House advances bill requiring State Board of Elections to work with “election integrity” groups

Published June 27, 2024

By Clayton Henkel

In the waning days of the legislative session, Rep. George Cleveland (R-Onslow) urged his colleagues on Thursday to greenlight legislation that would require the State Board of Elections to establish a new system for investigating and correcting data provided by “election integrity” organizations to assist in maintenance of the state’s voter registration lists.

Cleveland told members of the House Rules Committee that the state board was reluctant to rely on groups that could be discriminatory, but House Bill 1071 would require it to examine data brought forth by election integrity organizations and provide quarterly reports to the General Assembly organized by county on corrections made to the voter rolls.

“How is a voter integrity group defined?” asked Rep. Ashton Wheeler Clemmons.

“Actually, it’s two or three people who have years of experience in data collection and data usage. There’s two that are prominent here in North Carolina,” Cleveland responded.

Cleveland said it was important to involve them in the process because of the angst amongst the individual voters who don’t trust how true our voter records are.

“I think we do want to make voter records accurate, it makes me nervous to have any person being able to say they are a voter integrity group and getting involved at that level,” said Clemmons.

“So my question is can you name a group?” asked Rep. Allison Dahle.

“I can name two,” said Cleveland. “I don’t know what the gentleman’s real name is. It’s Totes Legit. He has consistently over the past several years sent voter list problems to the state board. And there’s a Ms. Snow out in Morganton.”

“I didn’t hear the names,” Dahle asked him to repeat himself.

“Totes Legit. That’s what he calls himself. I don’t know what the gentleman’s name is.”

In Georgia, anonymous claims of voter fraud from someone going by the name ‘Totes Legit’ were dismissed last October. It’s unclear if that is the same person Cleveland was referencing.

The second person Cleveland mentioned, Carol Snow of the NC Audit Force filed a complaint with the elections board claiming inadequate maintenance of the computerized registered voter list put the state out of compliance with the 2002 federal voting law.

Snow presented examples of what appeared to be duplicate voter registrations. In one example, a son with the same name as his father was mistakenly checked in as his father. The father and son both received ballots and each voted once.

As NC Newline reported in April, the Board of Elections rejected Snow’s complaint about duplicate voter registrations, but stressed the need for cleaner rolls.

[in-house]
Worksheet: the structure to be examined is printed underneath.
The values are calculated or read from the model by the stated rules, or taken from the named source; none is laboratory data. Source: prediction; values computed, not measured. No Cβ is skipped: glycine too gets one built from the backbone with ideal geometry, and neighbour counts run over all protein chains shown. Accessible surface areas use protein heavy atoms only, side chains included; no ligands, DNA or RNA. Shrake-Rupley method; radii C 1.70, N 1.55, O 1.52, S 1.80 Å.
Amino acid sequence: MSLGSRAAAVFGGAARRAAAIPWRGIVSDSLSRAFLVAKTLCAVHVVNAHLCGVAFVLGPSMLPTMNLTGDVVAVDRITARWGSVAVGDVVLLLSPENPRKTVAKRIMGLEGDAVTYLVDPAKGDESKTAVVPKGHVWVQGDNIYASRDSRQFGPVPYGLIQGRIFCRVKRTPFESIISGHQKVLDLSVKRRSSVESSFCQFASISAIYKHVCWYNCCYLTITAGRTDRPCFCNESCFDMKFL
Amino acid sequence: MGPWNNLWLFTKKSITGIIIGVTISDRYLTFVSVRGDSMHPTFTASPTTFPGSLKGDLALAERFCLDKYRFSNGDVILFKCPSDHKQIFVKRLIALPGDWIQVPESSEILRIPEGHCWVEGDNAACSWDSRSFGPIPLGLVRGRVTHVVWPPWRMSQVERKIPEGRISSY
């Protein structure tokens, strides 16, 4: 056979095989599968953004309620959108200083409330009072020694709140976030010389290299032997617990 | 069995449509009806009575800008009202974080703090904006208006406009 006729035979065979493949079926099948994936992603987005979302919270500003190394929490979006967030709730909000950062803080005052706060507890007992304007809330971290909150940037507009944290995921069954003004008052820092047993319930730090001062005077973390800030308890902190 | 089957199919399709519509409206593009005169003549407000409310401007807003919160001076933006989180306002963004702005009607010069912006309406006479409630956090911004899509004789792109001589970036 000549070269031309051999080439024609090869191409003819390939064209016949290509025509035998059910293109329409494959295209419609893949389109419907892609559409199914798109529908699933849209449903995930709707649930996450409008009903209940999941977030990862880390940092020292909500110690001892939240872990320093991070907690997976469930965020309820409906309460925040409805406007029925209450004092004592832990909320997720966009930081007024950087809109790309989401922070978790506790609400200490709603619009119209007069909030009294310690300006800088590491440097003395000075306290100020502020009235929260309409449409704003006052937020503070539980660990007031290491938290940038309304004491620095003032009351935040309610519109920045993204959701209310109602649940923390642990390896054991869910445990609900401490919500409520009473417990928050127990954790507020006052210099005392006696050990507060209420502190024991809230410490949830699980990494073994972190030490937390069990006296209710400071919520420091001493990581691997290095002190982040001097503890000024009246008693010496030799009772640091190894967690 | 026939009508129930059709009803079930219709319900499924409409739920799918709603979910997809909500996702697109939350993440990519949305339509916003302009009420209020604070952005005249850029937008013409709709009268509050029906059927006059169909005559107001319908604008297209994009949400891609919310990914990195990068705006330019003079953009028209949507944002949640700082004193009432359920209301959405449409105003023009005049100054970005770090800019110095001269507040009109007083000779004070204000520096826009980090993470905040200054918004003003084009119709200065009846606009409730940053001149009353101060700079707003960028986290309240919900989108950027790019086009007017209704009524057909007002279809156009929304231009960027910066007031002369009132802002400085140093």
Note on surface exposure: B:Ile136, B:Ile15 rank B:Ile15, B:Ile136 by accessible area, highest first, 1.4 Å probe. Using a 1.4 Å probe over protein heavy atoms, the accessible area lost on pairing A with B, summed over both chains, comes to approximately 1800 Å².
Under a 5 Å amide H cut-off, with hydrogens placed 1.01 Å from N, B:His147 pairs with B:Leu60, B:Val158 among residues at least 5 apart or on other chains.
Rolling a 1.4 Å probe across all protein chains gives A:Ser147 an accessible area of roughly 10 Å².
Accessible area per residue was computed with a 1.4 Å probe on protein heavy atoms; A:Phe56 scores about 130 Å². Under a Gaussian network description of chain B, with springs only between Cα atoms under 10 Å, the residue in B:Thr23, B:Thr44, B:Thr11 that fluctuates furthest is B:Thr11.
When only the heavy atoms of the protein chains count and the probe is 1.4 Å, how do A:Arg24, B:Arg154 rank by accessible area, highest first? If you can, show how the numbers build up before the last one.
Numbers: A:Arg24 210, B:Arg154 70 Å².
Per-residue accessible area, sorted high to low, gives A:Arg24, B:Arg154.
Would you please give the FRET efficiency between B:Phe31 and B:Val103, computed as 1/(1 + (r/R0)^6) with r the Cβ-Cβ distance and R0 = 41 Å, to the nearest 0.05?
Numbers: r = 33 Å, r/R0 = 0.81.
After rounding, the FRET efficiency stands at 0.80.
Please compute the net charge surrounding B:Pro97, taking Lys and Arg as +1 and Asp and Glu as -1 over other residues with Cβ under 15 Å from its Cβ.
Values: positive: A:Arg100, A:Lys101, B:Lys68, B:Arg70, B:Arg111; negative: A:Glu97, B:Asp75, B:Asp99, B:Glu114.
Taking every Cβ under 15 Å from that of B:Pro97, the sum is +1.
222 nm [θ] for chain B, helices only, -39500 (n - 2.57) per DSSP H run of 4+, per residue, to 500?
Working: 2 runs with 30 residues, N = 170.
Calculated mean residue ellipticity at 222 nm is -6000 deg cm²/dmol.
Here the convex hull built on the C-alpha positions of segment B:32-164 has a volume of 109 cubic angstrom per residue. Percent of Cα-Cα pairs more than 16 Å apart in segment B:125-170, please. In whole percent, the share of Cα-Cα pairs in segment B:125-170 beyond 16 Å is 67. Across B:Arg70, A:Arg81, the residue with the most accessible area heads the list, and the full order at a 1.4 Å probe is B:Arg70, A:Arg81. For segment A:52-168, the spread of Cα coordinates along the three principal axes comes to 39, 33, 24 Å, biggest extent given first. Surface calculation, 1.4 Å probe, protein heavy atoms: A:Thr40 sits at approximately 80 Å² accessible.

Rep. Allison Dahle
Rep. Allison Dahle (Photo: NCGA video stream)


Cleveland’s bill does not specify which election integrity organizations the state must use or if they will be granted access to confidential personal identifying information.

Patrick Gannon, spokesman for the state Board of Elections, said in an email that the State Board staff is concerned that this bill could run afoul of federal law, which requires voter list maintenance efforts to be conducted in a uniform and nondiscriminatory way.

“HB 1071 appears to require the State Board to remove voters from the rolls based on lists supplied by any third party that claims to be an election integrity organization,” wrote Gannon. “Additionally, there is no definition for what sort of private organization qualifies as an “election integrity organization.” It would be difficult for the State Board to determine whether any such private organization is gathering lists of voters to remove in a uniform and nondiscriminatory way.”

The Board of Elections also notes the new bill provides no new funding to expand its voter list maintenance program.

“Agency staff have explained that the agency wants to improve its list maintenance activities consistent with the law, but the agency lacks the resources to do so. Other critical agency programs also face budget challenges, including the increasing costs of maintaining aging IT infrastructure, hiring permanent elections security professionals, and the need to provide further field support for struggling county boards of elections,” Gannon explained.

Rep. Pricey Harrison said the State Board of Elections is underfunded by $4.6 million annually, and this bill does nothing but add duties without additional support.

Rep. Abe Jones suggested the only reason this bill exists is because someone lost in the last presidential election and is now floating this “toxic” idea.

Nevertheless, House Bill 1071 was fast-tracked through the Rules Committee and three subsequent floor votes (66-45) and now heads to the Senate.